I’m teaching a class in short filmmaking. Short films are like short stories, but even shorter. The problem with a short film is that damnable length, and when that length bashes up against the desires of a filmmaker who has mostly watched feature films, it sometimes leads to disaster.

People want to make a feature film story in seven minutes and it’s not possible. I know. I’ve tried. I’ve failed. There’s no mistake out there I haven’t made.

My syllabus suggests it’s better to make a small film well than to try WAR AND PEACE and fail. I believe that with all my filmmaking soul.

The filmmaker should try to tell the story of “a moment.” One important moment between two people. Nothing more. But it has to be the right moment. The crucible moment, after which nothing will ever be the same for that character.

We watched some shorts in class last night. They were good. One was about a marriage proposal. That’s all it was about… in fact, it was one take… a zoom in, followed by a dolly right and a push in… and that was it as far as fancy camera moves. It’s called THE M WORD, and you can find it on YouTube by searching for “the m word alan ball.” Or, click here…

We also saw “consent jason reitman.” It was about the crucible moment where a guy and a girl lean toward each other for that first all-important kiss, but with a twist.

GULP is good. It’s a longer moment, but it’s still only about one thing. The guy wants something, badly.

Searching YouTube, lately I have liked “what is that? a sparrow!”. It’s the most emotion I’ve seen packed into five minutes.

DINNER FOR ONE, parts 1 and 2… clocking in at c. 17 minutes. A German classic.

IF THERE’S A WILL THERE’S A WAY… Saw this at a short film festival.

After this moment, these characters will NEVER be the same. Isn’t that why you want to make a movie about them? Four action packed intense minutes… about one moment.

This is my fave short documentary. MASSACRE AT MURAMBI

They’re all about a moment.

One little moment, and not ten moments or a feature story crammed into ten minutes. That is a recipe for agony.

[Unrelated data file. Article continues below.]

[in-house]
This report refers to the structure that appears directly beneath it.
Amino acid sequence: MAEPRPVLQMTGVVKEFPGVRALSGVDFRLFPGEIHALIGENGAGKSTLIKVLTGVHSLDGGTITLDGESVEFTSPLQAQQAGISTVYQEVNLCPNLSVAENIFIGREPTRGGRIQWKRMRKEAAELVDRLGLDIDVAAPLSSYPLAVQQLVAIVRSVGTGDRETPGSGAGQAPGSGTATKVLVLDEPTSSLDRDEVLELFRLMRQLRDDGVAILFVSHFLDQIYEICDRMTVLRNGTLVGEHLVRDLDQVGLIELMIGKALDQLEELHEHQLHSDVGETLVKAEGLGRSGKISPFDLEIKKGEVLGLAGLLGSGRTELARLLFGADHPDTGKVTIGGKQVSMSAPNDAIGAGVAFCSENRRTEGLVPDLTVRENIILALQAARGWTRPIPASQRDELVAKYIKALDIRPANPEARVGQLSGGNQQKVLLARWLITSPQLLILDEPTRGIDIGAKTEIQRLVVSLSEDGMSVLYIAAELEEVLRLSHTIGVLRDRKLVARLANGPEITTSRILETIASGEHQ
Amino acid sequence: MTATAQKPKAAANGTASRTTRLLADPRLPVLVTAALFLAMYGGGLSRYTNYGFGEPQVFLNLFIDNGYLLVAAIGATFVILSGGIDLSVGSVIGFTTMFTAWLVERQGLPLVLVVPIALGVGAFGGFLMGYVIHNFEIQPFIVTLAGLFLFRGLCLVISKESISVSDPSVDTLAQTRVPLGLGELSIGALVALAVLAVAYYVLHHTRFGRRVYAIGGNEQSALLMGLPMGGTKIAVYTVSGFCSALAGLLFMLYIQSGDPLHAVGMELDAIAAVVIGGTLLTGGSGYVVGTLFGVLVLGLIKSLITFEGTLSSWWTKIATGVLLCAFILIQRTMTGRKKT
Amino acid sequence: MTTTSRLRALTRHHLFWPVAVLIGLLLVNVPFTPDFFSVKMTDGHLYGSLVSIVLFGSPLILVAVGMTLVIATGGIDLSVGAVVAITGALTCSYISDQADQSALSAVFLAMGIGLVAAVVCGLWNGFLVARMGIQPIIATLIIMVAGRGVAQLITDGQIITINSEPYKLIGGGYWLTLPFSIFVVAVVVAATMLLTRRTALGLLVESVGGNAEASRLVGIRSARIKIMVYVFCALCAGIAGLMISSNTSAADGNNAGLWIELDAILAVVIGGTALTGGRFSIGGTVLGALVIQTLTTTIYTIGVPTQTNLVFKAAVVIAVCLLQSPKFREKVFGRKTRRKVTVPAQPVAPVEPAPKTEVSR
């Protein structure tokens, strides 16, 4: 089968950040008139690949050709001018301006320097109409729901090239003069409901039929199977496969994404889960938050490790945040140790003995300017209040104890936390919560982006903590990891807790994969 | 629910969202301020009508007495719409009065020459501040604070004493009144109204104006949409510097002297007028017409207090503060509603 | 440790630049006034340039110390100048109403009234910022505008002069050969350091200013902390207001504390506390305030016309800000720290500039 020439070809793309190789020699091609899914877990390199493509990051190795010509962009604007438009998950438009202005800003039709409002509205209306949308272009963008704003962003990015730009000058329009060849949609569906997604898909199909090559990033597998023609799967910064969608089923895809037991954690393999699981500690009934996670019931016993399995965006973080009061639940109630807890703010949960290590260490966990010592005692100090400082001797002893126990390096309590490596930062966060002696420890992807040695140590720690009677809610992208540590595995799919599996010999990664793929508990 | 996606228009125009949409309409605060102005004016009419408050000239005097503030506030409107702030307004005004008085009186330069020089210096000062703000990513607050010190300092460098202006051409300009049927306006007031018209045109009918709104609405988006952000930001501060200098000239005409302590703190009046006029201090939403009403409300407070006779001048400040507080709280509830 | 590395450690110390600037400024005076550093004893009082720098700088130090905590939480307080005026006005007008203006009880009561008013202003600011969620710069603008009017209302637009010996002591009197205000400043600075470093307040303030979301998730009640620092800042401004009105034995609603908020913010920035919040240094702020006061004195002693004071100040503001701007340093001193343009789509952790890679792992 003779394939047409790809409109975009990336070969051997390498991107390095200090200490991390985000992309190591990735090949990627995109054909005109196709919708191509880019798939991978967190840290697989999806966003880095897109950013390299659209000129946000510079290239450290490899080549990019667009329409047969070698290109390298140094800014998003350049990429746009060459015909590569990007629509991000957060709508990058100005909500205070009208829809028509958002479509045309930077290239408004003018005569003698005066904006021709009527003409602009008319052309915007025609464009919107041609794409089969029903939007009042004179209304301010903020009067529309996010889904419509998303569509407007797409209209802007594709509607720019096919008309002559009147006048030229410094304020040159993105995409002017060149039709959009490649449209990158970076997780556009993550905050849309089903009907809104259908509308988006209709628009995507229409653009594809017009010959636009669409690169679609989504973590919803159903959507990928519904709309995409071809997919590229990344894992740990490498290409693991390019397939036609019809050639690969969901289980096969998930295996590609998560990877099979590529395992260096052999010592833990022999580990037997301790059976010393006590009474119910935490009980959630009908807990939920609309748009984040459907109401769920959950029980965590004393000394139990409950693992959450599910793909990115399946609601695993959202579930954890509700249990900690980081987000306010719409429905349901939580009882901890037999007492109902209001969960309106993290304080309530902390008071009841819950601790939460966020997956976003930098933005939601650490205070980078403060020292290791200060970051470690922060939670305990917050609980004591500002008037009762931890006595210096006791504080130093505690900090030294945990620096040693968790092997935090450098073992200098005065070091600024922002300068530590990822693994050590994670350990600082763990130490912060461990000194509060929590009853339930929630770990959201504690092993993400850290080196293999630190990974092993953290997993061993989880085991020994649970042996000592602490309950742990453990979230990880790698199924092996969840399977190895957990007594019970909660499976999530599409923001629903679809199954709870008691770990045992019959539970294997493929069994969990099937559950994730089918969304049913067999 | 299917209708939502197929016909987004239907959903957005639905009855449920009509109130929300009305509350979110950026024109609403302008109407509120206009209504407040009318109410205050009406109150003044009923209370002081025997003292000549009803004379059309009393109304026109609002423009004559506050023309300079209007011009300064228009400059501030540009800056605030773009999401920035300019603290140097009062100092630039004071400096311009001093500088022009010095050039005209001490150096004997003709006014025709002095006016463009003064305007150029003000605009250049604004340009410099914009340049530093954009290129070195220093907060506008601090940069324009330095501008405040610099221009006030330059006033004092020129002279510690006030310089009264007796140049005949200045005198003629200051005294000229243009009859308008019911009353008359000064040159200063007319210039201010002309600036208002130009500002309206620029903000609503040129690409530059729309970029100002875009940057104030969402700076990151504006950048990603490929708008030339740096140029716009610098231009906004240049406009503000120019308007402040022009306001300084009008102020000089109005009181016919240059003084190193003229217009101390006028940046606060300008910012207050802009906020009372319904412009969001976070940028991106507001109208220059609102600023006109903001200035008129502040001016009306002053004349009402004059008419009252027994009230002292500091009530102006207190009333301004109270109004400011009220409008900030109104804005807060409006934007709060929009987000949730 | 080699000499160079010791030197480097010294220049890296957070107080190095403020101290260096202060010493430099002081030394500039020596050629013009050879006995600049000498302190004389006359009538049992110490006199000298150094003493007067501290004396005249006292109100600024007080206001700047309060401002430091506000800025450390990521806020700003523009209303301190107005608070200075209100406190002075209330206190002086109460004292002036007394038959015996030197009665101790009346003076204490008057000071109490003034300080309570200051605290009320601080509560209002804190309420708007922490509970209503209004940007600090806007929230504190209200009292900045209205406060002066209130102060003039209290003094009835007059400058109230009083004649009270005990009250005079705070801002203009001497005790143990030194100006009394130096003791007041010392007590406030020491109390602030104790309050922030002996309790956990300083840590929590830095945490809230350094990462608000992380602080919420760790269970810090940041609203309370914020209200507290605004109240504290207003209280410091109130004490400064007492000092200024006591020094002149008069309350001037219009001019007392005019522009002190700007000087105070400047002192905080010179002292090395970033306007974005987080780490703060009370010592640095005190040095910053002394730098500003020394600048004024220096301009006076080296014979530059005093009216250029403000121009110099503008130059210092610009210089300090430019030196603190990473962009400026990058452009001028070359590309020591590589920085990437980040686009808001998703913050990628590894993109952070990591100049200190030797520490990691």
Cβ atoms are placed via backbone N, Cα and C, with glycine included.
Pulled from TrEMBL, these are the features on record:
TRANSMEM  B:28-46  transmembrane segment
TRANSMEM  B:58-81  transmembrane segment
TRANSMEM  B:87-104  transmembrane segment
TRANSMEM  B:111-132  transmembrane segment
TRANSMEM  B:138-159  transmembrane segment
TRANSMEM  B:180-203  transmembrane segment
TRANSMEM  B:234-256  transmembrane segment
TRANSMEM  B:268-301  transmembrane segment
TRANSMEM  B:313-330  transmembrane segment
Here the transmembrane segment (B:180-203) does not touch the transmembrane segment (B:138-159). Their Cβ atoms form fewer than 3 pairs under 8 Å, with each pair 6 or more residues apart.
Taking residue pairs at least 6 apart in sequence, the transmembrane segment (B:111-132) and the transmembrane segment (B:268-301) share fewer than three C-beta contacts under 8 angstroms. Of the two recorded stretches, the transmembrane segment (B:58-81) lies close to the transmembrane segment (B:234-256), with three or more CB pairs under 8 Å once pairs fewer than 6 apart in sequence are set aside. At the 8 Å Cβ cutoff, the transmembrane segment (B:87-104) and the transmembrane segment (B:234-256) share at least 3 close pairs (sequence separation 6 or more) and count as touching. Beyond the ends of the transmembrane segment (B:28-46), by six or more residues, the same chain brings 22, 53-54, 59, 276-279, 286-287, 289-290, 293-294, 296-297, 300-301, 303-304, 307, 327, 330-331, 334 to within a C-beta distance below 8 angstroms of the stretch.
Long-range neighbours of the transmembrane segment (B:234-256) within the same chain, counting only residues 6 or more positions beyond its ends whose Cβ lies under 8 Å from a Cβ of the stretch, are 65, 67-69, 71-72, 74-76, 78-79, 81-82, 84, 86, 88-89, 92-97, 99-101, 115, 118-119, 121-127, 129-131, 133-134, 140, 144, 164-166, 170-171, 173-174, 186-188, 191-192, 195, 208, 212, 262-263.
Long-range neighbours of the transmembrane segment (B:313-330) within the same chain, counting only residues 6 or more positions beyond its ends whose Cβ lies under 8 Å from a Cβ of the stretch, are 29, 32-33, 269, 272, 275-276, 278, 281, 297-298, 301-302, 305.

If you try to do too much in a short, like tell a WHOLE GREAT BIG WHACKING STORY, you’re doomed. Instead, try to find a moment that really appeals to you, that makes you burn make the movie… and make the film about that pivotal moment in your character’s life.

Concentrate on the crucial moment and the few moments leading up to it and the even fewer moments after it.

Bingo! Success!

Of course, while I’m talking about a short film being about just one thing, so’s a feature film. THE GODFATHER, for example. A couple of hours long but it’s about: Michael must take revenge on the people who shot his father so he can become the new godfather. One idea, one movie.

A short film is shorter, that’s all.



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3 responses to “SHORT FILM = MOMENT

  1. Thank you for saying my film, “Massacre at Murambi” is your favorite. I went to the genocide memorial one afternoon, and I was so shocked/moved that I raced back to my hotel room in Butare, Rwanda, and wrote the entire narration that forms the film.

    • yourscreenplaysucks

      You and I met briefly at the UFVA conference where you showed the film and I had Vanderbilt buy it. I show it in my filmmaking class… I remember you said the narration came to you in one blast… not generally how it works, but it’s perfect. Another thing I remember is that you said the subtitles are faster to read than listening to the narration, so people can concentrate on the images more because the subtitles dispose of the narration faster. I found that fascinating. It’s a hell of a great film.

  2. Pingback: Updates: 27 January 2010 « Scriptwriting Library

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